How to Prep a Wood Panel for Painting

I enjoy painting on wood panels more than any other support. When I am painting en plein air, I prefer the lighter portable panels and use Gessobord, or canvas covered panels. For larger paintings, still life, or other studio paintings, I almost always use wood panels, mainly birch.

The cost of pre-made panels can add up quick. I have built my own but I tend to stock up on pre-made panels when they are on sale. It saves me a bit of time, and when they are at a reduced price, I figure it is worth it to purchase them. To save a bit more money, I purchase unfinished panels and prepare the painting surface myself.

There are mainly two types of grounds that are used as a primer for oil painting, gesso (both traditional and acrylic), and oil grounds. I prefer to paint on the surface that Gamblin’s oil ground creates but I also use acrylic gesso when it is more appropriate for what I need.

When using an acrylic gesso, it is important to note that while you can use oil paint over an acrylic ground, using an acrylic ground over oil paint will not work. Something to consider if you are planning to reuse an old painting surface.

The picture above shows three panels I prepared drying in my studio. The two in the foreground are primed with Gamblin’s oil ground. The one flat on the taboret is primed with acrylic gesso. Both have similar application processes. The oil ground comes in a can and is quite thick. It needs to be thinned to the proper consistency with Gamsol, or odorless mineral spirits (OMS). Gamblin has many excellent videos on their site for using their products and can be found at this link: https://gamblincolors.com/video-demonstrations/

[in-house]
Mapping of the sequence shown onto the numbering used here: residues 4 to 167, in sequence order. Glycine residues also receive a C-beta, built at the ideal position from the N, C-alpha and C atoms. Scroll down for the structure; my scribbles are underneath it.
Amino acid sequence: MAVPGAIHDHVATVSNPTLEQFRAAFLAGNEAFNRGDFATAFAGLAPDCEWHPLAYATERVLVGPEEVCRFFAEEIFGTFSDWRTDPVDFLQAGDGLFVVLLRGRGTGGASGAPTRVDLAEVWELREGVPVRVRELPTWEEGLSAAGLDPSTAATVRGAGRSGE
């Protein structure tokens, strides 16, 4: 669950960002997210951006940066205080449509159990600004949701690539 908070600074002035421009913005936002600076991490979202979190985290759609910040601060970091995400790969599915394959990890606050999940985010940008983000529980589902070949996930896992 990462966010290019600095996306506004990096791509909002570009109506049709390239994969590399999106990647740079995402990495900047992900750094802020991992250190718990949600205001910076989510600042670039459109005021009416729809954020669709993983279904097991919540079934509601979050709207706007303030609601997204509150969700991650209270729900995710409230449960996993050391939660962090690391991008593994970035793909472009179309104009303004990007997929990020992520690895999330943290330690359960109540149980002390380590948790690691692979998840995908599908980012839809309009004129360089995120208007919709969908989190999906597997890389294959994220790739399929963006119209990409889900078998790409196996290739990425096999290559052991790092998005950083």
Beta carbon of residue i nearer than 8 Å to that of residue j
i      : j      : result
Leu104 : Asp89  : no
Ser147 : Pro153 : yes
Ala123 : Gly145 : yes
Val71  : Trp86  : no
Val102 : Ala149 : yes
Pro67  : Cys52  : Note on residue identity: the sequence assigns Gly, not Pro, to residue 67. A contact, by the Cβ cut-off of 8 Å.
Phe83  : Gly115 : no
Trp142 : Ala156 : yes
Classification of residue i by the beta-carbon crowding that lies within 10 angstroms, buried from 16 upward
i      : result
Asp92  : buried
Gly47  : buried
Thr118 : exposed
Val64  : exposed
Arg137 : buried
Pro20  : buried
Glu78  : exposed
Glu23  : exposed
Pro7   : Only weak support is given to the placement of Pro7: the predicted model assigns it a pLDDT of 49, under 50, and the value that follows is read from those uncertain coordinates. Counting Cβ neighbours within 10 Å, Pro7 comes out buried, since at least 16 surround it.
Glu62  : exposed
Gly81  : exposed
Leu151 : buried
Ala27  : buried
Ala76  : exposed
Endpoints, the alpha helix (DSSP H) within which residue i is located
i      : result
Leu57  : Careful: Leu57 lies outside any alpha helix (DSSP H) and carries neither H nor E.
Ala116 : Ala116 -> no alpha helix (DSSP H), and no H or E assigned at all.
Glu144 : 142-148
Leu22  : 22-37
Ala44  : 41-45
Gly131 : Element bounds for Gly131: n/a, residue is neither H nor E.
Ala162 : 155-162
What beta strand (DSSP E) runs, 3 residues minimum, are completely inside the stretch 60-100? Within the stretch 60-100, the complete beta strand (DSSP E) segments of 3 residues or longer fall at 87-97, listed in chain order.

Acrylic gesso can be thinned with water if needed. I like to use an old plastic gift card to spread the gesso or ground out over the most of the surface of the panel. I then use either a smooth paint roller or a brush to coat the surface of the panel evenly. The ground is then left to dry overnight, or longer as is sometimes the case with oil ground. Sometimes I sand between coats, and sometimes I just sand the final coat. It depends on the kind of surface I want. I tend to like my surfaces fairly smooth but not completely smooth.

The one drawback to the oil ground is that it is more challenging to clean up and I tend to make a sticky mess. I use a rag dampened with a bit of OMS to wipe off my small rubber spatula that I use to mix the ground with. I try to prepare several panels at once to make the process go easier and keep the paint roller wrapped in plastic until I have finished all the coats. The disposable roller cover is usually so saturated with the sticky ground that I discard it when finished. I find acrylic gesso cleans up easily with water and I can clean and re-use the roller cover.

If you have never prepared your own painting panels I hope you are inspired to give it a try! If you do prepare your own panels, I would love to read any tips and tricks you have found. Please feel free to leave a comment!

-Renee

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